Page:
It seems impossible to be completely vegan! - VeggieBoards
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#1 Old 06-11-2013, 06:21 PM
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I always used to say "Oh, I could NEVER be a vegetarian!" Yet somehow I changed. Now, four+ months into being vegetarian I keep thinking *I could NEVER be vegan!* Believe me, I've considered it and I would absolutely love to be, but it seems very hard! Last night I decided to stop eating dairy (I already switched to soy milk a while ago) but I didn't make it past my yogurt at breakfast and then my cheese and tomato sandwich at lunch. I think I need to do some major food shopping before I consider cutting out all dairy!

I digress. I've been researching online and here are the question's I have come up with:

What foods are completely vegan that we wouldn't normally know about?

-I found this "Accidentally Vegan" list on the PETA website -

What foods are NOT vegan that you would assume are vegan?

-I found this "7 Foods You Thought Were Vegan" Blog -


WHITE SUGAR IS NOT VEGAN?? My mind is completely blown. After reading a few more lists, articles and blogs I starting considering how much discipline you need to practice in order to be a full fledged vegan! And that even the most experienced of vegans must still make food choices unknowingly. (No doubt that we are all doing the right now by lessening our animal product intake and I praise everyone for that!)


I'm concerned about making the switch from vegetarian to vegan! I know it will have to be a slow and gradual process that I am not ready for at this time in my life. What are some things that helped you become vegan? Did you go straight to vegan or were you vegetarian first? How much do you research the food and drinks you consume?

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#2 Old 06-11-2013, 07:09 PM
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#3 Old 06-11-2013, 07:23 PM
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It took me about a year to get comfortable with it. If you have specific questions regarding vegan cosmetics or household items, you can ask me as I have done extensive searches on those. 


Not all white is sugar is non vegan. Some vegans also don't give much concern if they eat products "possibly" made with bone charred sugar, like in commercial candies or otherwise vegan foods, but they will probably buy vegan sugar in bulk. In the grand scheme of things, it's not the little detail you need to put so much stress on. 


I find this guide good for begginners.


and this video by Gary Yourofsky is like a wake up call.


Also, when you stop looking at veganism as a "purity" thing and more of a practical and "reduce harm" type of thing, it isn't as stressful. Many of us make mistakes, getting something that's not vegan unknowingly or eating something that we thought was vegan was not, but that doesn't need to drag you down, just move on, and avoid the problematic foods next time.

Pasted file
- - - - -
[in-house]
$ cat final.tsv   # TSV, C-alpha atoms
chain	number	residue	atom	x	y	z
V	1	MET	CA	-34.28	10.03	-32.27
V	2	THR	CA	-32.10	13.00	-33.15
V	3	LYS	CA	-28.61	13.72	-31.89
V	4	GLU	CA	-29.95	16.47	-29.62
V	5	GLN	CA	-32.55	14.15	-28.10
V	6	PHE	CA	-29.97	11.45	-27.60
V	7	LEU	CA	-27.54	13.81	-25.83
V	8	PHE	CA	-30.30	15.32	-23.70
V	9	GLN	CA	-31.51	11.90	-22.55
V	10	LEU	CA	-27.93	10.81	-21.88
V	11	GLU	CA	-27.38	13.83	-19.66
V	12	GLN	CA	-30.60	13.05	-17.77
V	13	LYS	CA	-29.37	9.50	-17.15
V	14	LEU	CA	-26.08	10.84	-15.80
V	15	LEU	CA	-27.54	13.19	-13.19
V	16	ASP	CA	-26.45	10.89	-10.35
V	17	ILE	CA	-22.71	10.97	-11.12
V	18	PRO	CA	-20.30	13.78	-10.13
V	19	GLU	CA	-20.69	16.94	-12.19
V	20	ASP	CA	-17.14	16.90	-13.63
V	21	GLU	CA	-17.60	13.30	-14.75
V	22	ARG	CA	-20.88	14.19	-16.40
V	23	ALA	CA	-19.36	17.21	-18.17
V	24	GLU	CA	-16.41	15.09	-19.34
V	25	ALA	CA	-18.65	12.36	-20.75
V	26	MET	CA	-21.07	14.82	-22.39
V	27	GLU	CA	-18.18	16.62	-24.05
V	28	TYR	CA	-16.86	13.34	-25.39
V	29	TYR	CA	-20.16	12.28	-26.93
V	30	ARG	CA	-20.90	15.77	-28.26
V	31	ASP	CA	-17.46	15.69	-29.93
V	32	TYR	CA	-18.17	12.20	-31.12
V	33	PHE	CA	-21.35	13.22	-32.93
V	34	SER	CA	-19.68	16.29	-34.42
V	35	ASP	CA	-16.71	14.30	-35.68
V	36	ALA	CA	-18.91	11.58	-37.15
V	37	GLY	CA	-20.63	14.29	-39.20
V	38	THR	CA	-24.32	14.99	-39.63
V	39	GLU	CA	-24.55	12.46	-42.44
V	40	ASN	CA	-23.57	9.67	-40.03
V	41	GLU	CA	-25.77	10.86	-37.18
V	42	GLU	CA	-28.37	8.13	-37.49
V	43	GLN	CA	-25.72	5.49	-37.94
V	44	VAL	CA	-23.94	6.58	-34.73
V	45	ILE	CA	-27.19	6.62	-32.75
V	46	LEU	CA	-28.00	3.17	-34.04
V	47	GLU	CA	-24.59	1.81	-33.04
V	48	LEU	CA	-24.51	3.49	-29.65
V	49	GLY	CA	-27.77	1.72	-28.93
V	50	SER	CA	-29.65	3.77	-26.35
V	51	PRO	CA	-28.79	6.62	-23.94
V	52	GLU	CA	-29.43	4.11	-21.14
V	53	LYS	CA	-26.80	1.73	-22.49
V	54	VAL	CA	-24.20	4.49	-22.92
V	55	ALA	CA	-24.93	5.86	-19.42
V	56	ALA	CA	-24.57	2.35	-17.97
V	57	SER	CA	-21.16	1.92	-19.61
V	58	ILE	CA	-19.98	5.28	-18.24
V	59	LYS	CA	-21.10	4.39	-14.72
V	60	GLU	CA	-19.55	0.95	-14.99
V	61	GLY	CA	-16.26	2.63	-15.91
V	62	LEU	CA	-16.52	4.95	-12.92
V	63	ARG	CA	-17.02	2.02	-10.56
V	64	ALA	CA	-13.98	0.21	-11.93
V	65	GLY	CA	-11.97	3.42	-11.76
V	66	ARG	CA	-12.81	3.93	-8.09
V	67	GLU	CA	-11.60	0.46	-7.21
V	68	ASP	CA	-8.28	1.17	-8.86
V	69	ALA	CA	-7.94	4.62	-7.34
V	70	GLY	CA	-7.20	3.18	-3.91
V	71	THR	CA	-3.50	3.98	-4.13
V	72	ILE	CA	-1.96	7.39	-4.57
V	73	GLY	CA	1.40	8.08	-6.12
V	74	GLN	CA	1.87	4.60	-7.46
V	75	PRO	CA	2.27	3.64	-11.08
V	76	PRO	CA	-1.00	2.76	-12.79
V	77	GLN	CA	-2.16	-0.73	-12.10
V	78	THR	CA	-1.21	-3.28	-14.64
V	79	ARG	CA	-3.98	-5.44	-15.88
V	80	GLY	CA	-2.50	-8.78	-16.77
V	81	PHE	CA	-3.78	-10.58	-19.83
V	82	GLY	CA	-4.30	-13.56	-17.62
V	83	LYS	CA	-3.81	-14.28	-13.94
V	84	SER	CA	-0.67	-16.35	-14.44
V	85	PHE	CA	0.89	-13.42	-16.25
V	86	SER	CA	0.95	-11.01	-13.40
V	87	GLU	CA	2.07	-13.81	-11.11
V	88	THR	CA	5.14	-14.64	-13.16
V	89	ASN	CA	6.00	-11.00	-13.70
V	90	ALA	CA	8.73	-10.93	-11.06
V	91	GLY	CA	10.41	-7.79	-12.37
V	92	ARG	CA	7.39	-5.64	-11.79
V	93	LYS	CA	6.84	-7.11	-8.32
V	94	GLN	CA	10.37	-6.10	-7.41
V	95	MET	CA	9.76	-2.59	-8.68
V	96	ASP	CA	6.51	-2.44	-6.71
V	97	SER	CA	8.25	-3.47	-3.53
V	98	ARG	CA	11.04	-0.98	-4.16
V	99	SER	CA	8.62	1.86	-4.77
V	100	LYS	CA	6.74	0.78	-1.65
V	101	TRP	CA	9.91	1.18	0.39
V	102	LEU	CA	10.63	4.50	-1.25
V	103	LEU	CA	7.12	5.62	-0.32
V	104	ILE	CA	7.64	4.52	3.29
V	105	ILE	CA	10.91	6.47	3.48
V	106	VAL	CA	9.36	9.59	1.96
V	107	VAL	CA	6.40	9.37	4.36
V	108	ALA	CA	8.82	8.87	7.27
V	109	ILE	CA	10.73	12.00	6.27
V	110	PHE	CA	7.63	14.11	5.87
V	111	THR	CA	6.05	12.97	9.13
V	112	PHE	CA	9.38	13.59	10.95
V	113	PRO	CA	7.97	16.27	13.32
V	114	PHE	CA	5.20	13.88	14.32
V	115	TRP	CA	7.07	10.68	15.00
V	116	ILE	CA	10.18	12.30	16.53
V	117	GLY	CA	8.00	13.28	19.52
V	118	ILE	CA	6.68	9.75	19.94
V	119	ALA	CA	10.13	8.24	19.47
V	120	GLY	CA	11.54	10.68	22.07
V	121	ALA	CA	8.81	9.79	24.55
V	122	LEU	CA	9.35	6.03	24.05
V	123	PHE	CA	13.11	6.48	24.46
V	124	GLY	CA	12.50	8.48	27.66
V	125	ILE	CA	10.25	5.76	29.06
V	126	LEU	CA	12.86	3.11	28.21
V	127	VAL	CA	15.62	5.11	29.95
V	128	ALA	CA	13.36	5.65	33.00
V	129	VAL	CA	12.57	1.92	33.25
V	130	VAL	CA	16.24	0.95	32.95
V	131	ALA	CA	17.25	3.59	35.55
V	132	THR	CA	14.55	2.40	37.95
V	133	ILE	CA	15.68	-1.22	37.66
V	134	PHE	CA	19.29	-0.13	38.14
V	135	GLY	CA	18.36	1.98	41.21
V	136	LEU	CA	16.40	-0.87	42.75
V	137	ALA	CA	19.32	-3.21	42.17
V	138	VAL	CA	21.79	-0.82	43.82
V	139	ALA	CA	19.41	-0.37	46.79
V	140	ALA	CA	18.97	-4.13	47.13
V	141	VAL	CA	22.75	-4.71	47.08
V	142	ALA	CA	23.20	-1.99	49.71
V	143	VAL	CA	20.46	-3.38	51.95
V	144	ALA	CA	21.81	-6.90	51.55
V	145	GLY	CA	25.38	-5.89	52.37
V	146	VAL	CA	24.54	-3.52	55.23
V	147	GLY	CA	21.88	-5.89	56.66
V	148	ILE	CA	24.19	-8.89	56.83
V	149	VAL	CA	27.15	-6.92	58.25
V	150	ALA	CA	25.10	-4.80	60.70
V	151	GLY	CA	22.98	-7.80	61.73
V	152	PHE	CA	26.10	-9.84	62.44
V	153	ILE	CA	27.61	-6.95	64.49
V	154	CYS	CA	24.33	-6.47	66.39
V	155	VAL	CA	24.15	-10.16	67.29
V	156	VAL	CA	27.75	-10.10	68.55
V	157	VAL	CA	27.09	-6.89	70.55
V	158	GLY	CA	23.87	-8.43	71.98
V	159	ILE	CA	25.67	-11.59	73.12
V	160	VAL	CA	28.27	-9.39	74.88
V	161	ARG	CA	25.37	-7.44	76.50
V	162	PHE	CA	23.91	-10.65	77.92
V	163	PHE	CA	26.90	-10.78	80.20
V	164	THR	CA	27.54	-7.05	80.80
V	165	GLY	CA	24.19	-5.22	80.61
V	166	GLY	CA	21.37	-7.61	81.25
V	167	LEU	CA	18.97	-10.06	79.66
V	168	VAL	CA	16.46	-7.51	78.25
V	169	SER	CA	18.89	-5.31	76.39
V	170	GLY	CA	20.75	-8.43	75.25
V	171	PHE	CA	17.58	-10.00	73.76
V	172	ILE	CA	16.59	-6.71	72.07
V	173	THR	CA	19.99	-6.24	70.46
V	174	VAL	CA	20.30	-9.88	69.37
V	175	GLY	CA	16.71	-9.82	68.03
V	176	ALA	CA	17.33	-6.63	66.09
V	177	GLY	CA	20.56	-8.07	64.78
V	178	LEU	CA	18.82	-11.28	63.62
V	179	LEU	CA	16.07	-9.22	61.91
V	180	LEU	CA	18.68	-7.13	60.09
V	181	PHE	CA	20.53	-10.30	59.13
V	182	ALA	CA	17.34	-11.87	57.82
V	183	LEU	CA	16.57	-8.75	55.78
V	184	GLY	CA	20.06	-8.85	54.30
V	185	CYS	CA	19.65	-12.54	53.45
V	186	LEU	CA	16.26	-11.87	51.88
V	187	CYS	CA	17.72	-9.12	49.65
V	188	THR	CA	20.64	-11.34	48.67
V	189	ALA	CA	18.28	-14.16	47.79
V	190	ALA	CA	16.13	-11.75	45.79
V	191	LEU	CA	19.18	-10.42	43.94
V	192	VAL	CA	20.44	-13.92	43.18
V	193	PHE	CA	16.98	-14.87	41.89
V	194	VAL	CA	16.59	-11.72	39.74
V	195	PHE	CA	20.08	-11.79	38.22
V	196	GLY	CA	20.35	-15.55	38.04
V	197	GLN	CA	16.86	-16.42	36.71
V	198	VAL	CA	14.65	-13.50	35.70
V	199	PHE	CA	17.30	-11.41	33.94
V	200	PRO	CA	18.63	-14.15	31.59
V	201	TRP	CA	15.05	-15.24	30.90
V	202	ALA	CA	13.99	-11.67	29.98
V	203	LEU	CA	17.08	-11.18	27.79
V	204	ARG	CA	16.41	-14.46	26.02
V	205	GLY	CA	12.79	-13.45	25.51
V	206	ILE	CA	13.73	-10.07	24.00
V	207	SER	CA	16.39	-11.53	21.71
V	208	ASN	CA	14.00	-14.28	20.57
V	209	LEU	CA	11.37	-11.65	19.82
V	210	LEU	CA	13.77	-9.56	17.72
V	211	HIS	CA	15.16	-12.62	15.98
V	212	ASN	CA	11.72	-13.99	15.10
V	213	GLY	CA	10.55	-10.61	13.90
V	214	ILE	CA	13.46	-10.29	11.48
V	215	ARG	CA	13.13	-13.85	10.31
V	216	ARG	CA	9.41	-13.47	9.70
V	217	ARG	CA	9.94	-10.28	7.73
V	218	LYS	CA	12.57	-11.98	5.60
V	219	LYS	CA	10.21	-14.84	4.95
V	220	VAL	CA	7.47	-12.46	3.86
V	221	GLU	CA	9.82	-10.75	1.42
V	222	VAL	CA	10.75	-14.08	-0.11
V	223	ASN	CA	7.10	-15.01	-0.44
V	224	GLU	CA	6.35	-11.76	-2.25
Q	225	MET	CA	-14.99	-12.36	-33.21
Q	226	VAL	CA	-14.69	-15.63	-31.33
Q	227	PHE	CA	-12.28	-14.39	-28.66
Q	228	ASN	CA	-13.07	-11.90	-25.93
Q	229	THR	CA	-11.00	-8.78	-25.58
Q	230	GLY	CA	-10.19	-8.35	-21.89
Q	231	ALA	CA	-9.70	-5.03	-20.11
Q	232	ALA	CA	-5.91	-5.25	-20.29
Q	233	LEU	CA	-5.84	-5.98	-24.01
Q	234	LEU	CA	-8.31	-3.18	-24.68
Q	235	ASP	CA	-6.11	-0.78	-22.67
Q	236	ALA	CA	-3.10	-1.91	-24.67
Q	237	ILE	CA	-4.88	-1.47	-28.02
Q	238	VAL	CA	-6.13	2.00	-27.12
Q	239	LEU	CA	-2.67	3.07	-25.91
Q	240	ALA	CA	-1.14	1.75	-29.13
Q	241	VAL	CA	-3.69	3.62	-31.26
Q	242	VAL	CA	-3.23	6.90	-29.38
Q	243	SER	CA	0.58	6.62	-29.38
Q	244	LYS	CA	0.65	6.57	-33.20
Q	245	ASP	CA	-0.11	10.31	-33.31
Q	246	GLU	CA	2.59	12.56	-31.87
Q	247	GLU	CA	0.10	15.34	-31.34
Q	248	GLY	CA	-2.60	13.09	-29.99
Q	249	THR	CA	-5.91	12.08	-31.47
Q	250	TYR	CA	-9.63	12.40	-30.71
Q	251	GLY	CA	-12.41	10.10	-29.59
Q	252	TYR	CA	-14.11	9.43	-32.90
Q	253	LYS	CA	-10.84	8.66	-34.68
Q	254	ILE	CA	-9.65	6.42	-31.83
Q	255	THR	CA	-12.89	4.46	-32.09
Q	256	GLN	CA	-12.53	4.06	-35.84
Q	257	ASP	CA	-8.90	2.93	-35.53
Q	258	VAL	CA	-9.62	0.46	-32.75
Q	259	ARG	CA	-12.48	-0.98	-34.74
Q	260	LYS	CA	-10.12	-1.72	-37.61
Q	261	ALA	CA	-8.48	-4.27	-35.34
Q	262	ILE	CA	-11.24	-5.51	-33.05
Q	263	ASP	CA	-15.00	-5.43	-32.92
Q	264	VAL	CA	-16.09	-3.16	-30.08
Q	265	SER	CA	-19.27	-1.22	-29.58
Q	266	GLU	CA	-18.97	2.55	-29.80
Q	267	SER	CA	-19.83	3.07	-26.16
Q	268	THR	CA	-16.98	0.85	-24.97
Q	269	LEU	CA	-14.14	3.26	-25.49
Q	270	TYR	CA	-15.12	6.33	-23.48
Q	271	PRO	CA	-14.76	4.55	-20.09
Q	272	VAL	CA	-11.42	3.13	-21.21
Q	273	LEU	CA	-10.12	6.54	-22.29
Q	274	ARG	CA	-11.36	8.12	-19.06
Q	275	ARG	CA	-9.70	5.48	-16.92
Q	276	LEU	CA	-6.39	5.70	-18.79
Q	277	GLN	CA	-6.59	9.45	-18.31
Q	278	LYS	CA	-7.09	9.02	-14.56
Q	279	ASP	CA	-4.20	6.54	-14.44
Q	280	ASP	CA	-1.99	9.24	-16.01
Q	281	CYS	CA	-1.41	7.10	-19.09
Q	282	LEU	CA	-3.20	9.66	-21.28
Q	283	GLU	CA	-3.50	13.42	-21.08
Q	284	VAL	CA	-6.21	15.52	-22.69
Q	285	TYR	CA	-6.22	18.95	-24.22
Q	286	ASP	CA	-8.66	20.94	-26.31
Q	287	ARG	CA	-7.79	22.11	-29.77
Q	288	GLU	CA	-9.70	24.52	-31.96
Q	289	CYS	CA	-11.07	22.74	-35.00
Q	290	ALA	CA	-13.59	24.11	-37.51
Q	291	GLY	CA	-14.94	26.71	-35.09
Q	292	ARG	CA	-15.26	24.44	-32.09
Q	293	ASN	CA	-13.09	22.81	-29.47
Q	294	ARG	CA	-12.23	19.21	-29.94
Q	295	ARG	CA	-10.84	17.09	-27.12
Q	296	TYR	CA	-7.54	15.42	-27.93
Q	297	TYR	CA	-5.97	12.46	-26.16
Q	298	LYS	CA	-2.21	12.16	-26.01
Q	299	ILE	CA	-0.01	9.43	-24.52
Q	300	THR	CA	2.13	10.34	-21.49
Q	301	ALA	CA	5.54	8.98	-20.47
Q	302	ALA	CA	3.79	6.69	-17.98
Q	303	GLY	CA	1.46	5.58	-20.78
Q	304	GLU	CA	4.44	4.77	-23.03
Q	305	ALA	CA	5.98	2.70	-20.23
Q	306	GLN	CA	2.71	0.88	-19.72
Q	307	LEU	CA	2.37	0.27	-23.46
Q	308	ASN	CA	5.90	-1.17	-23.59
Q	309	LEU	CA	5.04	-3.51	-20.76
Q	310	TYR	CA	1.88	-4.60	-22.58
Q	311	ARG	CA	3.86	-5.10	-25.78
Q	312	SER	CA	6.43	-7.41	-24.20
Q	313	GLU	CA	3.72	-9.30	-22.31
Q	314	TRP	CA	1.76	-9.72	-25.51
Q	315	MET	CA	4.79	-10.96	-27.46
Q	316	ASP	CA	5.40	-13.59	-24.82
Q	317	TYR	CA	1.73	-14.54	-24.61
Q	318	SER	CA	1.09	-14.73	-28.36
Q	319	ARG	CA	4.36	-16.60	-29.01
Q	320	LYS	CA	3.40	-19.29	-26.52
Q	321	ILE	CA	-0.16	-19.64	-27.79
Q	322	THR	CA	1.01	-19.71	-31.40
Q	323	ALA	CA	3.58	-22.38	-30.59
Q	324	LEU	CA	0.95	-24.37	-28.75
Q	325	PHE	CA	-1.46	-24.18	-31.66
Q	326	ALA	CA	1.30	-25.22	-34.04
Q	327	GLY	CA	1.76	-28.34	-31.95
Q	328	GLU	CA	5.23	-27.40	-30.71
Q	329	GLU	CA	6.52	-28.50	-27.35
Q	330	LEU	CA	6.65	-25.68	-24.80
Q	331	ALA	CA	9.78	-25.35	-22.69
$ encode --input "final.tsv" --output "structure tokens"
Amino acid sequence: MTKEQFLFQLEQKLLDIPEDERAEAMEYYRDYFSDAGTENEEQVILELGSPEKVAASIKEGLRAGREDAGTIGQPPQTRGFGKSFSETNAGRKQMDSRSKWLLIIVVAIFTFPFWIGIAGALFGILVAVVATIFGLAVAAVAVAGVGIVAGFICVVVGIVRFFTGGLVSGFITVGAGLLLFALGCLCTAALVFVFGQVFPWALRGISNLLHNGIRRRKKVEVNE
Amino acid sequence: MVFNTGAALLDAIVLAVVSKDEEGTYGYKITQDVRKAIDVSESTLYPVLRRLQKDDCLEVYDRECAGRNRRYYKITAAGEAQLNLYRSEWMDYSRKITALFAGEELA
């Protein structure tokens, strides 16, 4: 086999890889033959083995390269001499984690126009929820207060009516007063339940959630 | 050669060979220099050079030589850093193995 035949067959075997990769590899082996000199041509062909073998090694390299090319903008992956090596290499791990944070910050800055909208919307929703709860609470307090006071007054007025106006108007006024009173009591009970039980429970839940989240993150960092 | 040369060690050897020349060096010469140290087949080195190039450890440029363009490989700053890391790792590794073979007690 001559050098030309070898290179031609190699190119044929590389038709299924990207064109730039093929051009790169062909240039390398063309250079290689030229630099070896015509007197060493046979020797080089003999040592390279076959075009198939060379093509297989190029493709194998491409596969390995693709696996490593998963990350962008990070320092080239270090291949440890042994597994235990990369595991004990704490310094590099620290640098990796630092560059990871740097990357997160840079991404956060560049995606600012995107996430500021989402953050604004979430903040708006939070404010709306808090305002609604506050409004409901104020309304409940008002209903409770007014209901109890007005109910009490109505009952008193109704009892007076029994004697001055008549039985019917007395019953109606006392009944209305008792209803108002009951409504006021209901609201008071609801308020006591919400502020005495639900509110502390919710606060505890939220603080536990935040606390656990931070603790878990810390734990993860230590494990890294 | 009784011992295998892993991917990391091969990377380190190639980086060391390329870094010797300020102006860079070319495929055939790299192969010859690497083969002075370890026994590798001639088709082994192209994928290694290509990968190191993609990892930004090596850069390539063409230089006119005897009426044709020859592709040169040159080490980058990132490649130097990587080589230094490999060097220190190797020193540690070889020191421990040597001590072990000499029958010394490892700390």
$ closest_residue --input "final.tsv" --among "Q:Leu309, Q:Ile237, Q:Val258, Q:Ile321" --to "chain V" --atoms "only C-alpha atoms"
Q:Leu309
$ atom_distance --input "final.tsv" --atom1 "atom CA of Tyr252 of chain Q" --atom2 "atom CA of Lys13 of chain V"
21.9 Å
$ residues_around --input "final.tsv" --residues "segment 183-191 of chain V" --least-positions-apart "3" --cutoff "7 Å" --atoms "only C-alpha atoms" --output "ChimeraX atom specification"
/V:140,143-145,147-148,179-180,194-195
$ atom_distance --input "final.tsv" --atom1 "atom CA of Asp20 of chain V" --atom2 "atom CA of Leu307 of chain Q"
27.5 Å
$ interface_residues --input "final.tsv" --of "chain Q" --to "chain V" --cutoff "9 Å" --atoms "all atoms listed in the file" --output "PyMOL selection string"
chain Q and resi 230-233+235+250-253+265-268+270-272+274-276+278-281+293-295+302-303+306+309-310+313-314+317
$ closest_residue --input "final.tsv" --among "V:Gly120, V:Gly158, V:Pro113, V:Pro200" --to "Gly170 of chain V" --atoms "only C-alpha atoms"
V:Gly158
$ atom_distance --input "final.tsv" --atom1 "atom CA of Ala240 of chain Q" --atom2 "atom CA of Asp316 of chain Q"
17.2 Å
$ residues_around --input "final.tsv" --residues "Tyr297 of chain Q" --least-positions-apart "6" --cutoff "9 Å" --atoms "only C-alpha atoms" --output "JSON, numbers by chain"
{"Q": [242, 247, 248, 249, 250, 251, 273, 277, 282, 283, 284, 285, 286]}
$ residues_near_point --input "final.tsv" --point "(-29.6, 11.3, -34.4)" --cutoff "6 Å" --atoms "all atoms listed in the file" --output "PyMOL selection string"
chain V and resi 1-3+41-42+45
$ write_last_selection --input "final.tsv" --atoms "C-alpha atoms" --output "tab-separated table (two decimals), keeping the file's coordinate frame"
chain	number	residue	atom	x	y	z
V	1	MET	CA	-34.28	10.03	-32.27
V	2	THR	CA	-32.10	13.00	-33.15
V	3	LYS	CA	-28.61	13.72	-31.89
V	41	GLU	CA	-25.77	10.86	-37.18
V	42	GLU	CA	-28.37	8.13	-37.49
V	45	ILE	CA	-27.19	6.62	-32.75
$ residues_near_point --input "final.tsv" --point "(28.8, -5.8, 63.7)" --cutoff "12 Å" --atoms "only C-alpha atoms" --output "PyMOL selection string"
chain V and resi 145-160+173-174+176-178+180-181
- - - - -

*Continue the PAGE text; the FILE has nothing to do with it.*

These sites should also help you out.


If I have questions for a company on whether their product is vegan, I usually contact them or look it up online first from others who might have had the same question.


Have you tried Daiya cheese?


Coconut yogurt from So Delicious?

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"Why should man expect his prayer for mercy to be heard by What is above him when he shows no mercy to what is under him?" ~Pierre Troubetzkoy
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#4 Old 06-11-2013, 08:01 PM
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Veganism can seem daunting, but please remember it's more of a process, than a simple destination. It can be extremely challenging to go all out vegan quickly or overnight, simply because we live in a society where animal use is so ubiquitous.

To be clear, veganism, as generally defined by the Vegan Society, means:
Veganism is a way of living which seeks to exclude, as far as possible and practical, the use of animals for food, clothing and any other purpose.

From Wikipedia:
Veganism (/ˈviːgənɪzəm/) is the practice of abstaining from the use of animal products, particularly in diet, as well as an associated philosophy that rejects the commodity status of sentient animals.

One could also look it up in some online dictionaries:

In general though, vegans abstain from animal product use, both in diet and products used. If we want to be completely anal and strict, avoiding all animal products can be extremely daunting and sometimes, simply impractical and still stay sane/healthy. This is the reason the Vegan Society has the "as far as possible and practical" aspect.

Does that mean vegans sometimes eat steak? No.

Does it mean sometimes, when confronted with health issues some vegans take medicines, tested on and possibly containing animal products? Yes.

Does it mean vegans can't pick up a feather they found on the ground? Not really (and it's kind of a weird issue to fuss over smiley.gif).

It does require vegans to read labels and know what is in the food their buying, as well as in the products they purchase. It means that vegans avoid meat (all animal flesh), dairy (and casein), eggs, honey in their diet, and they avoid the usual animal products like leather, wool, feathers, etc.

Then there are the multitude of minor and smaller quantities of animal ingredients in various foods and products. When it comes to this, educating ourselves and doing the best we can to avoid these animal ingredients, given the circumstances we're in, is really all we can do.

In terms of animal ingredients, the following is pretty good:

Does that mean you should know all those? No. More when you stumble across something not clear on a product, just look it up. smiley.gif

In terms of nutrition, here's a good guide/booklet:
Originally Posted by emgoehringer View Post

I'm concerned about making the switch from vegetarian to vegan! I know it will have to be a slow and gradual process that I am not ready for at this time in my life. What are some things that helped you become vegan? Did you go straight to vegan or were you vegetarian first? How much do you research the food and drinks you consume?

I'd say don't sweat the small stuff, just do the best you can with what you feel comfortable with and what you can do. Labels are just labels. smiley.gif

To me, what's important to remember is why I'm vegan (or going vegan). That's for non-human animals. Trying to reject their use and the view point that we need or must to use them in order to live our lives. As more and more people go vegan, the easier finding food will become and the less ubiquitous animal products will become.

As for what helped me to start on the vegan path was educating myself. Reading about animals (I started with The Mad Cowboy book), as well as watching some videos about animal treatment, only to understand what non-human animals go through and to help remove my personal biases so ingrained from society regarding non-human animals. I read about animal ingredients, and started searching for vegan alternatives whenever I found out about definite non-vegan foods.